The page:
Sunday, 6 December 2009

How important is it to define your target audience?

We are constantly told that in order to reach your audience, to get your message understood by them, and to change their behaviour, it is imperative to know exactly who they are. This knowledge is likely to shape your message and dictate the channels through which you communicate with your target group.

We are also taught that defining your target audience as ‘the general public’ is blasphemy in PR. How then is it possible that a PR agency that didn’t define its target audience or even see it as a priority was so successful in its PR campaign?

Watershed PR was given the objective to increase the number of visitors to the Bath & West Show 2009 and more than achieved this by targeting national newspapers and drive-time radio shows. Is communicating via mass media enough guarantee that your message will be received by potential audiences? Or is this case a one-off?


  1. Hi Beth,

    If you have an event of mass market appeal, such as the B&W show, then sure, you should expect to get a pretty good ROI from a mass media campaign. The same is true for well known products that you see advertised on TV.

    In this case, B&W has mass market appeal. It doesn't really matter what age group you are, what gender you are, or what your income is. There is something for most people.

    However, if you chose to advertise the Ideal Home Exhibition through a 24 hour rolling advertisement on Men & Motors, you'd probably find that your client would seek another agency.

    If, however, you are not a well known brand, then (i) you won't have the budget for mass market advertising and (ii) your ROI is probably going to be quite small. And that, really, is the problem for small businesses. It's compounded by the fact that mailing lists are prohibitively expensive. I've just paid over £1,000 for 5,000 email addresses and telephone numbers - this was from a reputable company, and despite me very precisely targeting what i was after (companies with more than 20 employees and a turnover in excess of £5m in the services sector) i've got some real rubbish in there.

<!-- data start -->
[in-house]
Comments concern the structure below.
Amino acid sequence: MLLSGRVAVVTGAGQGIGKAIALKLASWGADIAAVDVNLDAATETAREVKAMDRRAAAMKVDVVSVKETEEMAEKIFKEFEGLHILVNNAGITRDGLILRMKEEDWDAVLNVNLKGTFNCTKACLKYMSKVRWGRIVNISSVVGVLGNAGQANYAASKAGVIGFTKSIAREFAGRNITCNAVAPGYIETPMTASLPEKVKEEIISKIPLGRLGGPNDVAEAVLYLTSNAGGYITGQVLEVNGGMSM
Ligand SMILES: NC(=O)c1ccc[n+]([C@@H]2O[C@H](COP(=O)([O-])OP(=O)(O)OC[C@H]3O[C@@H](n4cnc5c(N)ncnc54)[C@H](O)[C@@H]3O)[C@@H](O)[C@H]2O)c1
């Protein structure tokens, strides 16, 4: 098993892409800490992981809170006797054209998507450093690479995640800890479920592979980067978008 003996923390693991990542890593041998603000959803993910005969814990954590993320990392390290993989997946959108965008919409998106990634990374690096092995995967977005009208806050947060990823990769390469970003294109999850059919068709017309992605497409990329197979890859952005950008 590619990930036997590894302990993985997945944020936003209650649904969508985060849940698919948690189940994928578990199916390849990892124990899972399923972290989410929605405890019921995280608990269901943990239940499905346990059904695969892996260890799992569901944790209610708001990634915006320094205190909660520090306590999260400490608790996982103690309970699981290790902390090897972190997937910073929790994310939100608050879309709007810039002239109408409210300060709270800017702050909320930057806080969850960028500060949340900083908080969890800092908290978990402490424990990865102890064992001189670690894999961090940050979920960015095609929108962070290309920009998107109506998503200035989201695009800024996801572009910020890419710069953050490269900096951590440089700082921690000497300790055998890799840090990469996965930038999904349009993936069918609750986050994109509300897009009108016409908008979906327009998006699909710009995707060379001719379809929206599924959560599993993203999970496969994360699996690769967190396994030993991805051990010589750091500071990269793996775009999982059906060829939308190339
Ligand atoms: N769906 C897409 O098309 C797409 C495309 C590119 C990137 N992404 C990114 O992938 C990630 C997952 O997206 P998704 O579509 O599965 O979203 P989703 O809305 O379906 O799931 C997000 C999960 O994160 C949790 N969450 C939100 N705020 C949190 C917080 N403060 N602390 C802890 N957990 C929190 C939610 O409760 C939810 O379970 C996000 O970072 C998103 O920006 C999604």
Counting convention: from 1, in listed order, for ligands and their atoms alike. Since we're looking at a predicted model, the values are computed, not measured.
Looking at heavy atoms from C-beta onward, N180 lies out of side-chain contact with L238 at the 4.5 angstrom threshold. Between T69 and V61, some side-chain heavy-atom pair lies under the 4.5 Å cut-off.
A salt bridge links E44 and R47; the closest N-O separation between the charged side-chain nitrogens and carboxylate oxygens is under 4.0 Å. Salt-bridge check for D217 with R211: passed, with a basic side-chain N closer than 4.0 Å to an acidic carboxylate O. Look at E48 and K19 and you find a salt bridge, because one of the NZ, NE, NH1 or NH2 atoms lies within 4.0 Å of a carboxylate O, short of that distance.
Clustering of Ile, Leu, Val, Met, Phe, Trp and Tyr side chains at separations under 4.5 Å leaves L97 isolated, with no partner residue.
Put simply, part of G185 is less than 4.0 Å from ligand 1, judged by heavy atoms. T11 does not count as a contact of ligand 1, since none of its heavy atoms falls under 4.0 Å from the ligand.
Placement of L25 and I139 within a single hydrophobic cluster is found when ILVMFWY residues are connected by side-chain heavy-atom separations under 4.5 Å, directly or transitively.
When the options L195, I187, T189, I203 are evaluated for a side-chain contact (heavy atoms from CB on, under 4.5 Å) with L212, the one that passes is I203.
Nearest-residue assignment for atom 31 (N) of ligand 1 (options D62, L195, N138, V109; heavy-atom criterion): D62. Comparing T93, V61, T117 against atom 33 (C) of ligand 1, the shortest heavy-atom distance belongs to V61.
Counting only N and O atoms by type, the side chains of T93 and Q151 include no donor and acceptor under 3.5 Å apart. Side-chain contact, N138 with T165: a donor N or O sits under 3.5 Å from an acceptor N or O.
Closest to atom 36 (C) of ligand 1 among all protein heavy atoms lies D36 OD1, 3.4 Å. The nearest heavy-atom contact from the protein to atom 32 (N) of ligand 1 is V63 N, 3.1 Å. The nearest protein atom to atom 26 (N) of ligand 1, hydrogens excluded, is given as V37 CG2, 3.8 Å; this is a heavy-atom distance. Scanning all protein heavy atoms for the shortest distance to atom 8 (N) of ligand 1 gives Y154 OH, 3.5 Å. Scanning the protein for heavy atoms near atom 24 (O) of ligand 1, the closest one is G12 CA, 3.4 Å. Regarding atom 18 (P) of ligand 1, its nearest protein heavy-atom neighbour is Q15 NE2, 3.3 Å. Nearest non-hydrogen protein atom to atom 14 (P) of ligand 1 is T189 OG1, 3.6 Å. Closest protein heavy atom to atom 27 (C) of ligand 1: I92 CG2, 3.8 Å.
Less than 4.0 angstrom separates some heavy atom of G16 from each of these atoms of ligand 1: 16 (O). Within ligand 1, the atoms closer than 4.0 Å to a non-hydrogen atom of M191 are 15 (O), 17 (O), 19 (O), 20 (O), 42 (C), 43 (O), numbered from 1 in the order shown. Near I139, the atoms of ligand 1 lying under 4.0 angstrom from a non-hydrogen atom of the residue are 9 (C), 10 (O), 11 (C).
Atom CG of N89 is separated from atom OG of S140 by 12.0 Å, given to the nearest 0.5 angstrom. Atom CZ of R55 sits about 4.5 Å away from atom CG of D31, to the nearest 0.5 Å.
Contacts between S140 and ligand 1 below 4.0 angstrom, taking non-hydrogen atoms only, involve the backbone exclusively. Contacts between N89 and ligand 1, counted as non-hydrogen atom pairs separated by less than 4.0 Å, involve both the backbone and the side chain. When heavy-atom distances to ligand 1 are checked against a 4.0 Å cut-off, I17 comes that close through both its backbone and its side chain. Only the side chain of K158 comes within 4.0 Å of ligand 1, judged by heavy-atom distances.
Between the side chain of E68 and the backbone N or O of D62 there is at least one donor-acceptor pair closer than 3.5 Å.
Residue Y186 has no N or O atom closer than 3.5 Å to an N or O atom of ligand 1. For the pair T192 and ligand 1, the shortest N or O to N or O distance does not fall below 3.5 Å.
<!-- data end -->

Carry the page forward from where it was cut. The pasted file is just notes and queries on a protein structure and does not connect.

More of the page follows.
But back to your example. It would be interesting to see what the response rate was from the campaign. And it would be interesting to see whether this would have been higher if they had a series of targetted ads (for example targeted at farmers, at parents with children, etc).

    Hope this helps.


  2. I think that to some extend mass media can be even better carrier of the message than targeting audience itself with some different tools. Firstly it is because reaching vast amount of people gives you better chance to reach, among others, the ones you want to reach. Secondly, if the message is universal enough, it will attract your audience plus some of the ones you reached who were not within the target audience you expected. With the mass media it is enough to get people interested, and as most of people are pushed to do things by something they see on TV or hear on the radio, therefore you can get your message to them with use of the mass media quite easily.